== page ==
While best current evidence suggests that the release of the virus may have come from a Chinese laboratory an accident, there is not information to suggest that the leak was deliberate much less that it was realted to create biological weapon, as some on the right have claimed.
Mistrust is a crucial factor of irrational limbic-“logic” which ascribes malevolent and ulterior motives to unexpected developments. For example, some attacked Dr. Anthony Fauci for lying to the American people when, in fact, he was presenting new scientific data that required a revision of previous statements. Unfortunately, paranoia assumes that changing information implies intentional deception.
To be fair, Wen pointed out that irrational anger and paranoia are bit conservative reactiions. Some progressives flipped out as well. Dr. Wen was the target of liberal attacks when she modified her position on masking and vaccinations. Many progressives were unable to hear or accept the disappointing data about the efficacy of masking and vaccination in preventing transmission or the reality of natural immunity.
The Limits of Science when it Comes to Formulating Pulbic Policy
While it’s crucial to understand the evolving nature of science, Dr. Wew points out that it’s also necessary to appreciate the limits of science when it comes to guiding public health policy, She notes that “following the science” does not automatically determine what’s best in a given situation. This is because every public policy has consequences that cut different ways, depending on where one sits.
For example, from a public health standpoint, remote learning was helpful to suppress the transmission of Covid-19. However, we have learned that this decision caused emotional and learning problems for some children.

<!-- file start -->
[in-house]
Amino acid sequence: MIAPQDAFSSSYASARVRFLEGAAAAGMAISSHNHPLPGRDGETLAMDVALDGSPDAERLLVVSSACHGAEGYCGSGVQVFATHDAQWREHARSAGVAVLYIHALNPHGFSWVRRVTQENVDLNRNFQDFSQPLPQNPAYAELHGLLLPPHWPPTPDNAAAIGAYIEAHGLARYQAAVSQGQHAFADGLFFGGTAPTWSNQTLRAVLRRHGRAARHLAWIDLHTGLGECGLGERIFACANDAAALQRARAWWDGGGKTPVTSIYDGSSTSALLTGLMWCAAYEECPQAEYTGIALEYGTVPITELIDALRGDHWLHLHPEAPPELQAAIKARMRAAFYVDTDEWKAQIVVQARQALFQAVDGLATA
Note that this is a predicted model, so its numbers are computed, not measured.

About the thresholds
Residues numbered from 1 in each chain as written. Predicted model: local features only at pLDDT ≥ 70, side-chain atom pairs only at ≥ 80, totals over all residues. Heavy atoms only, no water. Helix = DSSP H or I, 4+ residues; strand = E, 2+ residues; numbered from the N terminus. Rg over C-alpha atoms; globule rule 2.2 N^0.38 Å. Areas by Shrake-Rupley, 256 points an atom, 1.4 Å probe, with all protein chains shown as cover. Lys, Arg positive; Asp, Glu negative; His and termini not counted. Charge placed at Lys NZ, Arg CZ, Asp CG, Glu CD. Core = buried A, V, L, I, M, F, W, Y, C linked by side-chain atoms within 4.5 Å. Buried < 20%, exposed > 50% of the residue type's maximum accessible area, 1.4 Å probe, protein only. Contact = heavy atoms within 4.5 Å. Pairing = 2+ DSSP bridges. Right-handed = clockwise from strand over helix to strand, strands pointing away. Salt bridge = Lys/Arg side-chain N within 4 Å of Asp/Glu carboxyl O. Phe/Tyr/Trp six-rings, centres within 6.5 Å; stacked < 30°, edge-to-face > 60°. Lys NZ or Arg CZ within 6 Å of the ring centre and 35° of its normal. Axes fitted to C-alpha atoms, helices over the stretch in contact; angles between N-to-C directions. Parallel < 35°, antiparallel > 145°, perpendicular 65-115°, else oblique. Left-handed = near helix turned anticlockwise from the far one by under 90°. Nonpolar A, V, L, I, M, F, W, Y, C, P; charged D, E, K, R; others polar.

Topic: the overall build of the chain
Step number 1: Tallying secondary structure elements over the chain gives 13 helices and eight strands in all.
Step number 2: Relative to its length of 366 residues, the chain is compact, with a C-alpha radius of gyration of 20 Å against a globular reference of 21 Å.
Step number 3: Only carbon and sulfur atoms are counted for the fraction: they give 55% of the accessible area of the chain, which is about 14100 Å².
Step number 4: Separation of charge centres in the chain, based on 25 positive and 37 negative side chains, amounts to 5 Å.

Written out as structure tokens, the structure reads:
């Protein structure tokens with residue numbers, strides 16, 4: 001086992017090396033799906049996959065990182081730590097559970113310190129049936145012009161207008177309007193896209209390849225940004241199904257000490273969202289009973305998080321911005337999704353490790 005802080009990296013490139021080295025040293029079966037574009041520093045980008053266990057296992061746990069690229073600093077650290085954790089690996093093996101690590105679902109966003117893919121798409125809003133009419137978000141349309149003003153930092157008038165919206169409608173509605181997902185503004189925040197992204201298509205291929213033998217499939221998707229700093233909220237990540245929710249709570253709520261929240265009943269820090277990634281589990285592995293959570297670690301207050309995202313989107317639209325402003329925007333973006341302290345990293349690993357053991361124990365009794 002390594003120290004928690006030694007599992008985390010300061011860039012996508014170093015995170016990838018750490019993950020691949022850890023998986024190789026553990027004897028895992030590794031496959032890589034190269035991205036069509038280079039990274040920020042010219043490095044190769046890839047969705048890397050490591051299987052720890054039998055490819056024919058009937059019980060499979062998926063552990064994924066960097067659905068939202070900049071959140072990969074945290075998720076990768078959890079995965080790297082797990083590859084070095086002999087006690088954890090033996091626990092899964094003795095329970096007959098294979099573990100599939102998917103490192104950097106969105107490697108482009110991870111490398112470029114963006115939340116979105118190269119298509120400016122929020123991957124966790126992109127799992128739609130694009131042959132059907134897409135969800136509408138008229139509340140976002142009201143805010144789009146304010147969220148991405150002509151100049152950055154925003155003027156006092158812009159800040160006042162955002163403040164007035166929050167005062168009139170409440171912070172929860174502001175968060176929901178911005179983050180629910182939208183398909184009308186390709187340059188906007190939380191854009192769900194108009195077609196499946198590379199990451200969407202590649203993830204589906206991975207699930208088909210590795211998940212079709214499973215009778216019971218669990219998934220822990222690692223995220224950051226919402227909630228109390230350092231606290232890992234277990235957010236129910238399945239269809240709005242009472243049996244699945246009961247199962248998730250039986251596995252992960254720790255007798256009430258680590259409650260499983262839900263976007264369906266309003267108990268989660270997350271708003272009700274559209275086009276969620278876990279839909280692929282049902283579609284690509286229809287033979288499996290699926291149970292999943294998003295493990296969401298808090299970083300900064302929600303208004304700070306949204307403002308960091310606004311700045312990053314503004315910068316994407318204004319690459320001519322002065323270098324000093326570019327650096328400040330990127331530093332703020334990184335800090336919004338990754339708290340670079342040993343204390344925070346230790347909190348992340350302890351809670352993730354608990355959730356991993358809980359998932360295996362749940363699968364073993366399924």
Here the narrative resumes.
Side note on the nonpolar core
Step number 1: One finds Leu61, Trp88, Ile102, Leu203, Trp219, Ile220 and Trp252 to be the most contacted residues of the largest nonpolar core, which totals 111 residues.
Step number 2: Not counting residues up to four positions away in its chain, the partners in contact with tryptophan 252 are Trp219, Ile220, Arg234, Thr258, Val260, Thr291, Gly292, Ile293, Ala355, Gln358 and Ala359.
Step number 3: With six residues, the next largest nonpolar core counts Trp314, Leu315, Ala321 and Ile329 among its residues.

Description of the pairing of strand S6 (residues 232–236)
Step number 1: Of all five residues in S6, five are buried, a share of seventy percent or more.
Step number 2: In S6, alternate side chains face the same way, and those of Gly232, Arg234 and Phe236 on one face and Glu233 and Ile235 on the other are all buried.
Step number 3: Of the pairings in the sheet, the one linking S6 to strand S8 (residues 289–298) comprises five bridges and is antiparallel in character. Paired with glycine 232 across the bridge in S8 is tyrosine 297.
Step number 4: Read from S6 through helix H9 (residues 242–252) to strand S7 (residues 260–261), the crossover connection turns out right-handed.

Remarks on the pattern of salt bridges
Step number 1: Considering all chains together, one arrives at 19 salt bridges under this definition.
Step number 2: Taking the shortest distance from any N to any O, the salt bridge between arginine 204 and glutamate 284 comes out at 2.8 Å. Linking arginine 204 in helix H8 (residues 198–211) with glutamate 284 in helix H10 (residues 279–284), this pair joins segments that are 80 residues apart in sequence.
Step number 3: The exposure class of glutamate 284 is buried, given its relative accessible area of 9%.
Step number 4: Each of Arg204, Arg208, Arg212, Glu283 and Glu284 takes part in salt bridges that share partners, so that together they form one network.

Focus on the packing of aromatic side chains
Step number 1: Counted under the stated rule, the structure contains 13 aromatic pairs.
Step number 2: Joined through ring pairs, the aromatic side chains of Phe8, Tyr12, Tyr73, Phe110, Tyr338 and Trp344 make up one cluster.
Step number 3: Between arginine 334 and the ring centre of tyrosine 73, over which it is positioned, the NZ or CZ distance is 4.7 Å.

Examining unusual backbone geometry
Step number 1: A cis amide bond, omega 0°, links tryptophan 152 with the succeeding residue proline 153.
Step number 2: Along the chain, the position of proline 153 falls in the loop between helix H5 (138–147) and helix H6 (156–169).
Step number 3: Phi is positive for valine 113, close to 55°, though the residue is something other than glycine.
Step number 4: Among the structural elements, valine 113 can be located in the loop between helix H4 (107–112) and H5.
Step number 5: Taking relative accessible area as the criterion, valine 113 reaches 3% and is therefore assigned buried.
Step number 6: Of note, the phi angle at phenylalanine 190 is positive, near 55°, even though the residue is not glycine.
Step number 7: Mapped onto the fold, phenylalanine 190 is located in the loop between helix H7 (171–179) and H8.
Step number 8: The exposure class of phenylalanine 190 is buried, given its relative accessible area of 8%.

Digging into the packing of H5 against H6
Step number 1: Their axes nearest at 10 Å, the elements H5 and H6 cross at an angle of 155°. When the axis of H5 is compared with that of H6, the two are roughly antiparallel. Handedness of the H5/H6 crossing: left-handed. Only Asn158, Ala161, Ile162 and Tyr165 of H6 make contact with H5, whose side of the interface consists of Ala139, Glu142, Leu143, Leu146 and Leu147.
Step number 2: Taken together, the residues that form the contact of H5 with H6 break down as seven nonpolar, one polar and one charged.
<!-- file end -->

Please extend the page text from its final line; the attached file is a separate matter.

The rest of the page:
The same was true for impact of closing businesses. Balancing health and economic interests/consequences is not a simple task and can only be decided by the difficult political process. In the future, more attention needs to be paid to way policy decisions are communicated to the public. The complexity of the process needs to be better explained, i.e. how difficult it is to prioritize and balance conflicting concerns and outcomes that result from a single government action.
Hopefully, we can learn from the mistakes that were made dealing with this pandemic. Going forward, we must find a way to reduce the polarization and lower the temperature in the room so that reasonable discussion can take place.
People need to feel heard when they are panicked and no solutions are immediately available. One way to calm things and reduce animosity is for the administration to acknowledge the fears of the opposition. It is important to discuss and address their concerns without agreeing with their irrational conclusions or conspiracy theories. Likewise, progressive must accept that there are legitimate but sometimes conflicting values and concerns that need to be resolved. That is what the art of politics is all about.
We have seen in recent elections that voters overwhelmingly defeated candidates who promoted false conspiracies. Although the threat to reason exists for many, there are enough Americans who have the maturity and mental stability to experience hardship and tragedy rationally without falling prey to paranoid schemes.
Likewise, although there are unscrupulous politicians who pander to and exploit fear, I trust that the rational majority will elect reasonable representatives. We need leaders who have the strength to craft reasonable, science-informed public health policies to deal with life’s challenges.
Rev. Michael Heath, LMHC, Fellow AAPC 4 14 2023